If you have kidney failure or end-stage renal disease (ESRD), a kidney transplant may be a life-changing option for you. Just last year, more than 23,000 kidney transplants were performed in the U.S., making it one of the more common transplant procedures performed.
I’m the Medical Director of Temple’s Kidney Transplant Program. When my team and I meet and talk to patients about kidney transplant, they naturally have a number of questions. At this stage, they’ve been through a lot, and this is a big life-changing decision.
Our goal is to help patients feel good about our commitment to them, and that usually starts with helping them understand what they’ll go through. Kidney transplantation is a gift, and we want them to feel that too.
The information I’m sharing here is based on the most common questions we receive from patients:
- Should I stay on dialysis or have a kidney transplant?
- How does a kidney transplant work?
- What’s the difference between deceased donor and living donor?
- Is kidney transplant safe?
- Is kidney transplant successful?
- What should I expect after my kidney transplant?
- I’ve heard of kidney transplant rejection. What is that and what are the symptoms?
- Where do I get a kidney transplant?
Should I stay on dialysis or have a kidney transplant?
When your kidneys no longer function properly due to kidney failure, your nephrologist usually offers you 2 options: dialysis or kidney transplant. Many times patients are on dialysis while they wait for transplantation, so it’s important to understand what that involves.
Our patients sometimes find dialysis to be restrictive, because appointments and maintenance take up a lot of time. Plus, dialysis only replaces part of your kidney’s function. It’s imperative that your nephrologist monitors you closely alongside your primary care provider to help ensure you’re receiving exceptional care.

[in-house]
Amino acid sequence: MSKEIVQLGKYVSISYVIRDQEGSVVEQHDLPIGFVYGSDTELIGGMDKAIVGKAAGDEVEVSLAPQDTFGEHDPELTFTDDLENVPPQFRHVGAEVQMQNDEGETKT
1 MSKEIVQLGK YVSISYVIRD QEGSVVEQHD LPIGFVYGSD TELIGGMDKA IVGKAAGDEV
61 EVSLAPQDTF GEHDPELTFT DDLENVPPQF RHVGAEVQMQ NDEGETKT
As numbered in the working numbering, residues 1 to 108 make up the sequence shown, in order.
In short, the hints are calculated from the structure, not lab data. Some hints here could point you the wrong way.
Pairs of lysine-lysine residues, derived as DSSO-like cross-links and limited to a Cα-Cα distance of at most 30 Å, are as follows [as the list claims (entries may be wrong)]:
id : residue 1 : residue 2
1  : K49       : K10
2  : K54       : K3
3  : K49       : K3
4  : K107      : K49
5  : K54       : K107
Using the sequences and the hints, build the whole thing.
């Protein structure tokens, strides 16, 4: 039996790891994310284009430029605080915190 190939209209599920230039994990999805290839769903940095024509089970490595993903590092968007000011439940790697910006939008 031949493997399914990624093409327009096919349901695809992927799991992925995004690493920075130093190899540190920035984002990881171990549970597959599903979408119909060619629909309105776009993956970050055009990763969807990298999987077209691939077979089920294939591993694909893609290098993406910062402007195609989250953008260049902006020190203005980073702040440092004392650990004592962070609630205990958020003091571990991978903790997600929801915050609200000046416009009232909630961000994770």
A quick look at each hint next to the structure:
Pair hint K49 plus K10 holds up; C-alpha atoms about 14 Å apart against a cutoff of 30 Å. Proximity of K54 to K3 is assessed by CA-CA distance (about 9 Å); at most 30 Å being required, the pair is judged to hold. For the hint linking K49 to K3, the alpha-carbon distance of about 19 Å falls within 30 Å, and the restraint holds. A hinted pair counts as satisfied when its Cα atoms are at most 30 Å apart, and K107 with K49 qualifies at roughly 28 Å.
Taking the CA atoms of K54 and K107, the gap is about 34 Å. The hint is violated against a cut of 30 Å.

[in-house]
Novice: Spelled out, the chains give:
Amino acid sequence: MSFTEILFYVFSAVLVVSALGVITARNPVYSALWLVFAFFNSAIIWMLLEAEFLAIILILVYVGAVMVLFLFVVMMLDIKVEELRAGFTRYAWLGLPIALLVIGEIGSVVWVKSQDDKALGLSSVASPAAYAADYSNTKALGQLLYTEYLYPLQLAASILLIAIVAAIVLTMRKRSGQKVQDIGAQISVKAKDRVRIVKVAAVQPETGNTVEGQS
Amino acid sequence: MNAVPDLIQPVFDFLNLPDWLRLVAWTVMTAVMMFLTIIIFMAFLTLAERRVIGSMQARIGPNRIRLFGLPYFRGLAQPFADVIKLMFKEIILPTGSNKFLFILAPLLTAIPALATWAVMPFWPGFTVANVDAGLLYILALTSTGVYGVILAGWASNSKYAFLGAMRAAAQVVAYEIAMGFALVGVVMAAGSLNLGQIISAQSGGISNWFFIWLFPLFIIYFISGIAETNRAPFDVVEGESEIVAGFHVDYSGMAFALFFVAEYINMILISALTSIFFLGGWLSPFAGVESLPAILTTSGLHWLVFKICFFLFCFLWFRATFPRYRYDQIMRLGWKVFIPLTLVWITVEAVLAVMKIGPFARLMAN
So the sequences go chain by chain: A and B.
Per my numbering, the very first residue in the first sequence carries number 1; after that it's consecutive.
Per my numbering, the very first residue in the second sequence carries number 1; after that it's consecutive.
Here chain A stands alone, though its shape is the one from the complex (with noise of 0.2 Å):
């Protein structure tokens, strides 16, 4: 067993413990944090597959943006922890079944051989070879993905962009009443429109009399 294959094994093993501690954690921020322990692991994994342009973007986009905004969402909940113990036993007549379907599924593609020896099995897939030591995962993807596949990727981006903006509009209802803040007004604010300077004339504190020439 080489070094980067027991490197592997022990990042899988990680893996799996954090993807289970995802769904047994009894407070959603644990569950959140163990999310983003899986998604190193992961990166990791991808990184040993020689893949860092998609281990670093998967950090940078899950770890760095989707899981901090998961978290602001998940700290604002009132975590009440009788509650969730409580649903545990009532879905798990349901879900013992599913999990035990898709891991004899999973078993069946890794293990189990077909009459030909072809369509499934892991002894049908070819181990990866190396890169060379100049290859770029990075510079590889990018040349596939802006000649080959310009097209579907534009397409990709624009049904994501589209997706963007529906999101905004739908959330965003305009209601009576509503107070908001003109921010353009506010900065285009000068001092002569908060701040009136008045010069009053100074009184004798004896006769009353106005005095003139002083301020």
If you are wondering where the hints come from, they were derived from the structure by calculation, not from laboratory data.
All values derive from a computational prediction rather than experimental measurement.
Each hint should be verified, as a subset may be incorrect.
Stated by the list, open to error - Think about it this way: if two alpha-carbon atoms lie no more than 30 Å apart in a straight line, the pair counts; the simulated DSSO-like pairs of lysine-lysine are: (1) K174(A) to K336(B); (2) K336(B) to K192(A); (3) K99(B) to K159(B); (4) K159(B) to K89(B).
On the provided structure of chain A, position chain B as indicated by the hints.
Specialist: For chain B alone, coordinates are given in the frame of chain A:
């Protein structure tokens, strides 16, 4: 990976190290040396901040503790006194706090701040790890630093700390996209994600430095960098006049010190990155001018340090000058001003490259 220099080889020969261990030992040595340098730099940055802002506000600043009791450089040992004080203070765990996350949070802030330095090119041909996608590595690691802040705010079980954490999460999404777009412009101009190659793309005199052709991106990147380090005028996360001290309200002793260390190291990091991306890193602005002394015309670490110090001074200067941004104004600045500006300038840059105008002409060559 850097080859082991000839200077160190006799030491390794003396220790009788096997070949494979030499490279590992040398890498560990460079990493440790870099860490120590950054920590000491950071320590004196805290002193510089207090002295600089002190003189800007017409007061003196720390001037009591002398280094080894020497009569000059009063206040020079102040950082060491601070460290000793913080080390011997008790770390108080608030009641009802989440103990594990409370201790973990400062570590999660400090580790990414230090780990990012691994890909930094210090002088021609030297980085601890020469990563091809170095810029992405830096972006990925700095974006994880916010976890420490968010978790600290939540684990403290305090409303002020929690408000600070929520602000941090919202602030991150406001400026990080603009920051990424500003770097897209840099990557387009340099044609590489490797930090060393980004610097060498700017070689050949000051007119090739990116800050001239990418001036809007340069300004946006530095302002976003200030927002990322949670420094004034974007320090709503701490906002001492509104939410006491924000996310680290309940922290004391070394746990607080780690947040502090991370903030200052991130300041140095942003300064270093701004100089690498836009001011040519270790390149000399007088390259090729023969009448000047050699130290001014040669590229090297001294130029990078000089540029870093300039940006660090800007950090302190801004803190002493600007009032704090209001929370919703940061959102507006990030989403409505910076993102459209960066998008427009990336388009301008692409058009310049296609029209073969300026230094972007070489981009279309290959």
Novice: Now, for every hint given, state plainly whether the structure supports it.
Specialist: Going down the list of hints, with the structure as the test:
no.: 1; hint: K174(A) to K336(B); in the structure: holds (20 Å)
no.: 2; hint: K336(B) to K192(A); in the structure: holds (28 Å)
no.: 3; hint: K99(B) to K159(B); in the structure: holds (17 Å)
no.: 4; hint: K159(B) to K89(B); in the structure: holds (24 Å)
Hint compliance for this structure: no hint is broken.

With a successful kidney transplant, many of our patients are able to live more normally than with dialysis. That’s because life on dialysis means you are dependent on dialysis, which acts as your artificial kidney. With a kidney transplant, life is completely different. In my experience, it can help people get their lives back, and that’s truly a gift.
How does a kidney transplant work?
During a kidney transplant, we replace your damaged kidney with one from a living donor or deceased donor. A transplant surgeon connects your new kidney to an artery and vein in your groin and to the ureter. This allows excess fluid and waste to be carried in the urine through the bladder from your new kidney.
What’s the difference between deceased donor and living donor?
We’ve made quite a few advances in kidney transplant over the last 50 years. Today, you may receive your kidney from a donor who is living, or from someone upon their death:
A deceased donor is a person who decides to donate a kidney to help people who need transplants. Their family members can also make the decision.
A living donor can be a family member or friend, or someone whom you do not know who makes the decision to donate one of their kidneys.
Is kidney transplant safe?
We make sure to always tell our patients that as with any surgery, kidney transplant does involve risks. You’ll be required to take medicines called immunosuppressants to help your body accept the new organ.
For many patients, kidney transplantation is an excellent option, even for patients who are usually considered high risk, including:
- Older patients
- People who are immunosuppressed
- Those who have multiple conditions or comorbidities
Is kidney transplant successful?
Both a deceased donor organ and a living donor organ are excellent life-changing options and are highly successful.